Keesaragutta, place with a hoary history

A beautiful sunset after a quick jaunt up the hill here is well worth the effort

By Author  |  Saurabh Chatterjee  |  Published: 11th Jun 2017  12:01 amUpdated: 9th Jun 2017  4:15 pm
Dotted Hillock: Sri Ramlingeshwara Swamy temple. Photo: Saurabh Chatterjee

A quick weekend drive led us to Keesaragutta. We started around 4: 30 pm from Basheerbagh wading through the usual traffic, past ECIL and reached Keesara village. The brick and mortar jungle was soon replaced by the real one making us feel close to nature.

There was a drop in temperature due to presence of many trees and we came across a beautiful lake on the way. But we couldn’t stop since we wanted to catch the sunset from the hill. A gradual ascent to the temple through an arched gateway and a flight of stairs later, we came across a huge statue of Lord Hanuman. The sun was about to set behind him and there were hardly any people.

Shivalingam which Rord Rama installed and the statue of Lord Hanuman silhouetted against the setting sun. Photo: Saurabh Chatterjee

The place goes with my definition of a temple; a spot where I can find peace, not long queues. My students were already waiting for me there and we spent some time experimenting with some compositions and waiting for the blue hour. Watching the sun descend slowly, the city seemed to come alive and glittered like stars. On my part, I was watching such a beautiful sunset after a long time.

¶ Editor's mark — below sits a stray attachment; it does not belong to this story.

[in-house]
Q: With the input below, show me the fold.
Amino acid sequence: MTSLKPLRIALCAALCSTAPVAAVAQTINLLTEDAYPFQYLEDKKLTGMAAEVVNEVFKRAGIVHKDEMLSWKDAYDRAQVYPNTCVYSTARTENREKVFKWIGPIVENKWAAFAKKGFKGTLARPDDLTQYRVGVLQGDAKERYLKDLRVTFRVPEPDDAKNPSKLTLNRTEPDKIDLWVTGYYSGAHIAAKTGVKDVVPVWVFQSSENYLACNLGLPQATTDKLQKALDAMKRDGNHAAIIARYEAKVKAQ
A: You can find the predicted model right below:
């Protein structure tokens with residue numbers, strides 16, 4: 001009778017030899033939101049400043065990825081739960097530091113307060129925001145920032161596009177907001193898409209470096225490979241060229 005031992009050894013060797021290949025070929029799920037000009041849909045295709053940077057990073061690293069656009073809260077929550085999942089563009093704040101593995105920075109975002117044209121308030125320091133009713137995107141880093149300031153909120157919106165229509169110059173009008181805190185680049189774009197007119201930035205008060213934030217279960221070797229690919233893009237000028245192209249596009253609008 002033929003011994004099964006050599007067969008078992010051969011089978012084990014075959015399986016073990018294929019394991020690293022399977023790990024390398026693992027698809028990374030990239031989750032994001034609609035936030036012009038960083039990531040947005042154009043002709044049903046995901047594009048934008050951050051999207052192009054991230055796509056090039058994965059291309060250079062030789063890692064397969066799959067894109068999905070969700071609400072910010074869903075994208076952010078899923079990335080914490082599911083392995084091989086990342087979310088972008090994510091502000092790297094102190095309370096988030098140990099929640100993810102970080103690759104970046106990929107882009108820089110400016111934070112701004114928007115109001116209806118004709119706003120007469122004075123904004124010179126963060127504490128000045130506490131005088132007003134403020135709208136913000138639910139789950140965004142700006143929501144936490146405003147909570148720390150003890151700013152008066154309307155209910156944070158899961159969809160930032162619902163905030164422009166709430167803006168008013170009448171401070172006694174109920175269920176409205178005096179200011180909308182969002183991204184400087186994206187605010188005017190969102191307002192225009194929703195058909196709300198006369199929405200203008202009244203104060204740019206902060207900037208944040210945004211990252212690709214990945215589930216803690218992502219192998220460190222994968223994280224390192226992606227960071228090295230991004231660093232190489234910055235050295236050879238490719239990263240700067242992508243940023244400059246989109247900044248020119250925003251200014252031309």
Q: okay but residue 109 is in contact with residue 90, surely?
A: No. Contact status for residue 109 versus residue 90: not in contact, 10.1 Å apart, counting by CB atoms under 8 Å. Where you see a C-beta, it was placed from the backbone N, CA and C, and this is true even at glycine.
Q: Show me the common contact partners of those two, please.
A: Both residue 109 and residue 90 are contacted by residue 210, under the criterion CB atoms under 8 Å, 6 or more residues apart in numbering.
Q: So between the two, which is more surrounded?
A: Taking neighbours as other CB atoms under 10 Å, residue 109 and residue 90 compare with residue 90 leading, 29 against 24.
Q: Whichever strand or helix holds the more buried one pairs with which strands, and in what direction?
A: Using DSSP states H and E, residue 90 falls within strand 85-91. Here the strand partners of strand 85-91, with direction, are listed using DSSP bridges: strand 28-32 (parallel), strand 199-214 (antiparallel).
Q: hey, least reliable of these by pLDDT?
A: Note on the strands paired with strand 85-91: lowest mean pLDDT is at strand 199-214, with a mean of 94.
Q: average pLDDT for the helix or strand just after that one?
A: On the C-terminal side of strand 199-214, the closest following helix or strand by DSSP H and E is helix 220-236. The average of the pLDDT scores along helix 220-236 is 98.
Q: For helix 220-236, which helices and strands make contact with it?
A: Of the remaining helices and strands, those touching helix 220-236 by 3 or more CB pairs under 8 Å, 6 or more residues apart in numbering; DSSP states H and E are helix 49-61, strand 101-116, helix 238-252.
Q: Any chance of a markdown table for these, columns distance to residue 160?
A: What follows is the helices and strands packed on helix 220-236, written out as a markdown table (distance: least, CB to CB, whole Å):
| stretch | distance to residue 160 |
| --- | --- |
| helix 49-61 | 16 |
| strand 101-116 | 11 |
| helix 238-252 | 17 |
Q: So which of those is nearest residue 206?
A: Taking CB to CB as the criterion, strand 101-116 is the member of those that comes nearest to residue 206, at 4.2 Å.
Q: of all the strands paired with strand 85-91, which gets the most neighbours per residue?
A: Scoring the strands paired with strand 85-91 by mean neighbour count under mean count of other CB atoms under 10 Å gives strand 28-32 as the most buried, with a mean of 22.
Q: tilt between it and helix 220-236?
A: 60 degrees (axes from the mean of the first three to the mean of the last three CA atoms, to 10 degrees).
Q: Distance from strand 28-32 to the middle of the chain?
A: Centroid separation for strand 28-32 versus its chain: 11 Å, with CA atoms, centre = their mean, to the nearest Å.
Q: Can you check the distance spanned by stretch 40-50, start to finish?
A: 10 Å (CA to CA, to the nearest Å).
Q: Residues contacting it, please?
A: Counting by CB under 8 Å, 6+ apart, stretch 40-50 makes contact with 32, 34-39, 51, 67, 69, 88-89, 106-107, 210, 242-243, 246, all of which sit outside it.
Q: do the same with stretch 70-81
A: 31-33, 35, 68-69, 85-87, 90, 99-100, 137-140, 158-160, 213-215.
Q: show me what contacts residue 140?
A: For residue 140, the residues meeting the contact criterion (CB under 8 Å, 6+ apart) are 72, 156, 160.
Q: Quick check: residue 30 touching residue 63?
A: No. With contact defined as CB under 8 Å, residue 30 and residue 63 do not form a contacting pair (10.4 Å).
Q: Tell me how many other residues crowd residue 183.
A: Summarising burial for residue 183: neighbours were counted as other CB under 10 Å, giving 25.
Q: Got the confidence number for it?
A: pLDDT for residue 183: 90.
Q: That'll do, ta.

Historical significance

Known popularly as Sri Ramlingeshwara Swamy temple, it is believed to be as old as the Ramayana. According to legend, Rama decided to worship Shiva after installing a Shivalingam here to free himself from the curse of killing Ravana, a Brahmin. He chose this place for its peaceful ambience on top of a hill surrounded by forests. He asked Hanuman to get a Shivalingam from Varanasi.

As the auspicious hour was about to pass, Shiva himself appeared before Rama and presented him with a Shivalingam to install at the temple. It is said that the disappointed Hanuman threw the 101 lingams he brought from Varanasi all over the place on his return. That’s why, we find a lot of lingams scattered around the hillock.

Photo: Saurabh Chatterjee

To appease the upset Hanuman, Rama said that henceforth, the hill will be known as Kesarigiri (now corrupted to Keesaragutta) and he would be worshipped first. Besides this, several idols of Jain Tirthankaras belonging to 4th century have been unearthed around the place by the Archaeological Survey of India.

How to reach the place:

The best way is to drive there. We went by bike and it took us a little more than an hour to get there. Some 40 km away from Hyderabad and 20 km from ECIL, the place is also accessible by RTC buses from Nagaram and Secunderabad.


Mornings and evenings are the best times to go there. It can get really hot on top of the hill during the afternoon.

As it is near from Hyderabad, one can return on the same day. However, Telangana Tourism operates the Haritha Hotel if you want to spend a night here. There is a small shop selling water and cold drinks nearby.

For photographers:

Bring your tripod if you want to shoot the cityscape at night. You will surely get some amazing shots.

Keep a note of the blue hour, the time when you get the most amazing colours.